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"What More Can Be Done?”

a sermon based on Isaiah 5: 1-7

What Lynn Borke just read for us (Isaiah, Chapter 5, verses 20-24) sounds a bit threatening, didn’t it? Three times the prophet says “woe!”

Woe to those who call evil good, and good evil…

Woe to those who are wise in their own eyes…

Woe to those who are heroes at drinking wine… who acquit the

guilty for a bribe, and deprive the innocent of their right!

Isaiah gets pretty angry in Chapter 5. He lets the ruling classes know that their time is about up! “Their root,” he says, “is rotten, and their blossom will go up like dust; for they have rejected the Law of the Lord of hosts; they have despised the word of the Holy One of Israel.”

In the middle of this CoronaVirus pandemic, you probably don’t need to hear any more bad news, like Isaiah’s warning to the leading families of Judea. (Right?) But with all that’s going on in this election year, the turmoil in the streets about racial justice and policing, the protest marches and removal of monuments… The prophet Isaiah’s critique of his society seems to me to be very relevant to today’s newsmakers.

However, before I get into any of that in my sermon, I want you to know that Isaiah begins Chapter 5 with a love song! (!) Yes, Chapter 5 begins with these words: “Let me sing for my beloved my love-song concerning his vineyard: My beloved had a vineyard on a very fertile hill.”

Did you notice the three-fold iteration of love? “My beloved… my love song… my beloved.” Such an emphasis on love (three times “be-loved”!) is remarkable in a single verse of scripture. (!) The relationship that Isaiah feels for Judah & Israel (his homeland) -- the People of God, the “Chosen” People, God’s “Covenant” Community -- and the love of the Holy One about whom he sings, should color this text with tenderness.

I can image that Isaiah gained a listening audience when he said he was going to sing a “love” song.

The prophet assumes the role of a folk singer with a ballad. With the three-fold underscoring of “love” and “beloved” in the first verse, the people probably thought it was truly going to be a love song.

But midway through, it becomes a lament, like someone singing the “blues.” And after that… Isaiah offers an explanation and a denunciation! I imagine the same way that the beloved Vineyard disappointed the Lord, Isaiah’s “love song” disappointed his listeners!

Back in 1985, when I first preached on this text, I was downstate (in Dowagiac) and I had a large grape-growing farm family in my church. They contracted their annual harvest to Welch’s Grape Juice, so we’ve probably had some of their fruit-juice in our communion services here in Alpena.

I knew that a grape-growing family would feel deeply the “relevance” of the metaphor that Isaiah used in Chapter 5: the Vineyard of the Lord. So, I wanted to capture some of the love & tenderness that the prophet intended so as not to come across quite as “preachy” or “threat-ening” as the concluding text (that Lynn read for us) might otherwise be.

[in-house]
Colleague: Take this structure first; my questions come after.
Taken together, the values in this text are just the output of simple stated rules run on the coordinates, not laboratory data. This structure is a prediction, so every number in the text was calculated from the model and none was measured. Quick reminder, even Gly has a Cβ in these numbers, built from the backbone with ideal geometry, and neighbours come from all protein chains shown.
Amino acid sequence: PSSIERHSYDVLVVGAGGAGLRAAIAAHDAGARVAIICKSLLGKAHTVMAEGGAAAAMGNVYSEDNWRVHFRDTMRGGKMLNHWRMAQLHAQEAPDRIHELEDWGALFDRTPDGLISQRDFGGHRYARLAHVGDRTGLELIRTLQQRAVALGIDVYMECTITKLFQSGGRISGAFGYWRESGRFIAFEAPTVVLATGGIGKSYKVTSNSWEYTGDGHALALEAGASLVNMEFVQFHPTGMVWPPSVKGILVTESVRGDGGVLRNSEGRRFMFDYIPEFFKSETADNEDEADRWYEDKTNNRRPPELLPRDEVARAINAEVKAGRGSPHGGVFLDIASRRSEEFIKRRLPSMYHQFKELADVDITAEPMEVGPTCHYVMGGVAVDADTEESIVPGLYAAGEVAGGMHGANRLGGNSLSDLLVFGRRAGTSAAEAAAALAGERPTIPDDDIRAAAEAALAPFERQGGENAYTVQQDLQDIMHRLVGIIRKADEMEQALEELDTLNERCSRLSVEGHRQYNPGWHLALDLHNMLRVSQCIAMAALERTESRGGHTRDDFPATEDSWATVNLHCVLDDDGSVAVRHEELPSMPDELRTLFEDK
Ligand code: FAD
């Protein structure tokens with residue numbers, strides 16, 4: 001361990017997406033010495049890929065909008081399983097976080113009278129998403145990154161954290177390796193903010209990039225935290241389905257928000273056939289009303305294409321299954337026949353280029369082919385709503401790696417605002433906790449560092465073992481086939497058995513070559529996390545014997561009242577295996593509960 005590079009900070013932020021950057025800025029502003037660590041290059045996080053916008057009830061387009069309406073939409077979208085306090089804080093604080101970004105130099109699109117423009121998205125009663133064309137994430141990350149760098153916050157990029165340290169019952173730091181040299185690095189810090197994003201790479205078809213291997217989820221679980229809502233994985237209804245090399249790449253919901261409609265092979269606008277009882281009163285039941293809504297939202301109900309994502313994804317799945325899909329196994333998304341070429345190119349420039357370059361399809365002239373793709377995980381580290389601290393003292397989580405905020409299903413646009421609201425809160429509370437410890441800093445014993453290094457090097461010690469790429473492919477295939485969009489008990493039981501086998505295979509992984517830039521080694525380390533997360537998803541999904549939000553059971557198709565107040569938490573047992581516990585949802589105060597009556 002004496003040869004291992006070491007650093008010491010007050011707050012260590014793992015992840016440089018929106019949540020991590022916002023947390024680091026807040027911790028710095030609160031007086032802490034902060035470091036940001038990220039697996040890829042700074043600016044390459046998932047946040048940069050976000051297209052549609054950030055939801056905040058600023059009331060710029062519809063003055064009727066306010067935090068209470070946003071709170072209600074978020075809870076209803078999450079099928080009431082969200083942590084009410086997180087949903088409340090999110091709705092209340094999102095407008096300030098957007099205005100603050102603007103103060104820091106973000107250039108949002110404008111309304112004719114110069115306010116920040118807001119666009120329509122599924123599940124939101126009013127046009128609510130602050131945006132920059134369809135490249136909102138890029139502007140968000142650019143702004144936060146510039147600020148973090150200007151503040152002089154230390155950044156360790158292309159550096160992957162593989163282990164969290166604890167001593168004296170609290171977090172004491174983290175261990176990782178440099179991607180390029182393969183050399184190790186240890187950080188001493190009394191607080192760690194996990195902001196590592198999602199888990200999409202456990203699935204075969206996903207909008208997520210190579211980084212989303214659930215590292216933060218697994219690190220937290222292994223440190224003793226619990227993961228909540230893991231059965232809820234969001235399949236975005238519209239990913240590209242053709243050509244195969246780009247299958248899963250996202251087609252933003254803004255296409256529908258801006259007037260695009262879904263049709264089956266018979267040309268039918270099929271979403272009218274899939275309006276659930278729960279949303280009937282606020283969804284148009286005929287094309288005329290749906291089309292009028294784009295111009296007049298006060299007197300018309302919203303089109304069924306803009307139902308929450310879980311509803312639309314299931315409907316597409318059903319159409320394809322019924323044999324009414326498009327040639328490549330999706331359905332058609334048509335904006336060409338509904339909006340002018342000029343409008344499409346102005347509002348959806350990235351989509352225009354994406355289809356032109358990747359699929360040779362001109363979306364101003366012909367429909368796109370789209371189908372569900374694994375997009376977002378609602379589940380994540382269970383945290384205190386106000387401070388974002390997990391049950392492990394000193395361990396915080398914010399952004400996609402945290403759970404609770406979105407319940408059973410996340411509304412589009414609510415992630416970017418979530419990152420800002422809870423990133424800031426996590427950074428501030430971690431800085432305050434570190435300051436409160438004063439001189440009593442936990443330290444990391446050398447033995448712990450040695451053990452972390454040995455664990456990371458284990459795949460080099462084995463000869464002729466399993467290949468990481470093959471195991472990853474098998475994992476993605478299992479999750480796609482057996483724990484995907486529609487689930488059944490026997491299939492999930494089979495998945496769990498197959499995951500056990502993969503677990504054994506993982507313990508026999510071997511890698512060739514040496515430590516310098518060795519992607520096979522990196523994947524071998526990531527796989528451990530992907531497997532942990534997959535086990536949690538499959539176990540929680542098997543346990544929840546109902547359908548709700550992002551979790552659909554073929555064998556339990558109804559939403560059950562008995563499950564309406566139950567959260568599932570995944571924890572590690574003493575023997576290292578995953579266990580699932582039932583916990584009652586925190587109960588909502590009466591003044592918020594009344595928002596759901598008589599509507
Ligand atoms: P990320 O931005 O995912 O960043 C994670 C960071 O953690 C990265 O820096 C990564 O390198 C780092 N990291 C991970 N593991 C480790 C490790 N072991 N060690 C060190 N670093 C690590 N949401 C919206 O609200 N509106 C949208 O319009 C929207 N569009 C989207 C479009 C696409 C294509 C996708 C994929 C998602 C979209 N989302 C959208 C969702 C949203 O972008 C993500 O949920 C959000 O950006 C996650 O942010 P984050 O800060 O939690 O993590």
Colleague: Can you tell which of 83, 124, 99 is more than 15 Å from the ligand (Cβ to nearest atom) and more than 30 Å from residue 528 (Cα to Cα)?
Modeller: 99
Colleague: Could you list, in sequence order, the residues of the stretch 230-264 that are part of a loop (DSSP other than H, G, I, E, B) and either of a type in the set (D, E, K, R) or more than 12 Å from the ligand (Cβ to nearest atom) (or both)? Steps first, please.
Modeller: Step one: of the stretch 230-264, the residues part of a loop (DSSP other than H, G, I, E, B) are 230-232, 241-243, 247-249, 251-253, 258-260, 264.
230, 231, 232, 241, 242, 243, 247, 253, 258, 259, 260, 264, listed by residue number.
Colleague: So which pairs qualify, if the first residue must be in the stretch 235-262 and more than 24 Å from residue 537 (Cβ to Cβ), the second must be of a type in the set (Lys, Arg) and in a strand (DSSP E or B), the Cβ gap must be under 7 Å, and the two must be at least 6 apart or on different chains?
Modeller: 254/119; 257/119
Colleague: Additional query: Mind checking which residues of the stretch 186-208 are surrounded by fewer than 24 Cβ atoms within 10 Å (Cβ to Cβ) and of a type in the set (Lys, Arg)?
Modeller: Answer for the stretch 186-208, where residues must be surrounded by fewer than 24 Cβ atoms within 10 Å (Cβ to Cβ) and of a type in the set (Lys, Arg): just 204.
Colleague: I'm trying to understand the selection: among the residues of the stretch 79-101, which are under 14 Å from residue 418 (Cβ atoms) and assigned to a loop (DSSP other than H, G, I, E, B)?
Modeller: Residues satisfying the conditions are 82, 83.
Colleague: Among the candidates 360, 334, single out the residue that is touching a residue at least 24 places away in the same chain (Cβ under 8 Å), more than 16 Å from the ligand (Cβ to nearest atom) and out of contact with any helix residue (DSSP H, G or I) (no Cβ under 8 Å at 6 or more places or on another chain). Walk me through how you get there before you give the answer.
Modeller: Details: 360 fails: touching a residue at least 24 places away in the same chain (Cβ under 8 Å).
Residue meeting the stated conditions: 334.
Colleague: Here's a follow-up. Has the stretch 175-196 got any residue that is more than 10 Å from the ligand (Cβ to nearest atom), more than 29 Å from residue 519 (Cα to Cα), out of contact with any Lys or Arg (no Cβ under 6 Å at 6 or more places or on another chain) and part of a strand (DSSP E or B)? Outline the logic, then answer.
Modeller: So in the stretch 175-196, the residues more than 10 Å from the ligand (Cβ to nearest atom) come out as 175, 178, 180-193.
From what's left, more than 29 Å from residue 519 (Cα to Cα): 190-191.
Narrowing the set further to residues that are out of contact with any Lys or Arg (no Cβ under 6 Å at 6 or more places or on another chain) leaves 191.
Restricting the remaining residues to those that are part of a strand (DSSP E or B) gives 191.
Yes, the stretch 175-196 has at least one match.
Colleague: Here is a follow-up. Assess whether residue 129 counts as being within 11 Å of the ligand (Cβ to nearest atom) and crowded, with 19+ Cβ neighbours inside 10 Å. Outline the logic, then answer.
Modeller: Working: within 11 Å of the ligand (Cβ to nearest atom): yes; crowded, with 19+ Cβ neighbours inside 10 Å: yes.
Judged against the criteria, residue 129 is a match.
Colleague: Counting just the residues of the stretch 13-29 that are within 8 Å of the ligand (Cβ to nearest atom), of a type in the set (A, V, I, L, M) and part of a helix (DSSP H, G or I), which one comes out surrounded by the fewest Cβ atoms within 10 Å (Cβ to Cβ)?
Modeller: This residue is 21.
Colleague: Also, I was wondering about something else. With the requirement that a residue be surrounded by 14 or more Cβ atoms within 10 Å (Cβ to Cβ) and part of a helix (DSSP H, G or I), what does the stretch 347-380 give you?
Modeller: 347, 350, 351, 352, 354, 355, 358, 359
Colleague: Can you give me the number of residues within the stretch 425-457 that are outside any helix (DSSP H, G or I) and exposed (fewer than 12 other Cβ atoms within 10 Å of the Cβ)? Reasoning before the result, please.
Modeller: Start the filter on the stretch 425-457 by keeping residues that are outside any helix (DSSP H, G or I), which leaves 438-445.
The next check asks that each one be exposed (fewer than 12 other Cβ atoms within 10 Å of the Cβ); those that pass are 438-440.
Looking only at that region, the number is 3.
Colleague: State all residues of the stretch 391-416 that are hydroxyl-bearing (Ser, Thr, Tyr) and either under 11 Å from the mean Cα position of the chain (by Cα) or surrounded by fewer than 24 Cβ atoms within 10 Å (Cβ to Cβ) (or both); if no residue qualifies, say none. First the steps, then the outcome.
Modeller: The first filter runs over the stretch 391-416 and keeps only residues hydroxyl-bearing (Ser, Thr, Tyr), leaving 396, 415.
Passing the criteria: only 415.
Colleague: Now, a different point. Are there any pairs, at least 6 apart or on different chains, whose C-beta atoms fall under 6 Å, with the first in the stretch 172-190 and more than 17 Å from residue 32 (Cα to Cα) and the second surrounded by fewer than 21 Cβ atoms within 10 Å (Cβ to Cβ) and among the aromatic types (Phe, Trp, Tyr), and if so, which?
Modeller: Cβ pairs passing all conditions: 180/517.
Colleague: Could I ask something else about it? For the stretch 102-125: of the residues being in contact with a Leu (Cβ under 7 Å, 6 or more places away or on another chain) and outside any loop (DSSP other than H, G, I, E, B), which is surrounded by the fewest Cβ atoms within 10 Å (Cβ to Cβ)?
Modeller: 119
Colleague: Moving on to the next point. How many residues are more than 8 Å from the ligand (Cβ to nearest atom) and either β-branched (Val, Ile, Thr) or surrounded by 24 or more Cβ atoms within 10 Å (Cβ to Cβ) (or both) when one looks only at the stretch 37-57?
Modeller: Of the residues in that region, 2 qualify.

Since Isaiah called it a “love song”, I figured it needed to be put to music and sung. (!) So, I wrote the “Vineyard Love Song” (which you’ll find reproduced on the reverse side of your worship bulletin). The lyrics are taken directly from Isaiah, Chapter 5, verses 1-7.

Chorus: Let me sing a love song about a vineyard fine.

High on a fertile hillside, it’s all mine!

Judge, what should I do, for now that the harvest’s through:

the hill has all run wild with sour vines!

Verse 1) That hill has the finest soil, rich black dirt to dig in.

Cleared of all its stones, used to build a wall.

Only the best of vines were planted on the inside.

So, I don’t see how the sour grapes got in.

(repeat chorus)

Verse 2) Right in the middle square, I built a high watchtower.

Dug a solid vat for to press the wine.

Tended and trimmed the branches. I didn’t take no chances!

But somewhere under summer’s sun, it all went bad!

(repeat chorus)

Verse 3) O children of God, you great men of Judea:

Judge, I pray you: judge between the grapes and me.

What more was there to do than has been done for you?

So, why, instead of great fat grapes is your fruit so poor?

Second Chorus) Let me sing a love song to the Vineyard of the Lord

For we’re His pleasant planting, with good in store.

He comes to harvest justice, but all He finds is war,

And instead of righteousness, He reaps a sword!

Verse 4) I tell you what I’ll do to you, my beloved Vineyard:

I’ll pull up your hedge and urge the sheep to graze.

Your tower and your wall, I will make them fall.

And I’ll use the broken stones to pave my way.

Verse 5) No more shall the ground be hoed; let thorns take you over.

Branches pruned no more, let the briars grow!

Well-water I have brought, and rain-fall I have caught,

Shall no more be wasted watering you!

Final Chorus) Let me sing a love song to the Vineyard of the Lord

For we’re His pleasant planting, with good in store.

He comes to harvest justice, but all He finds is war,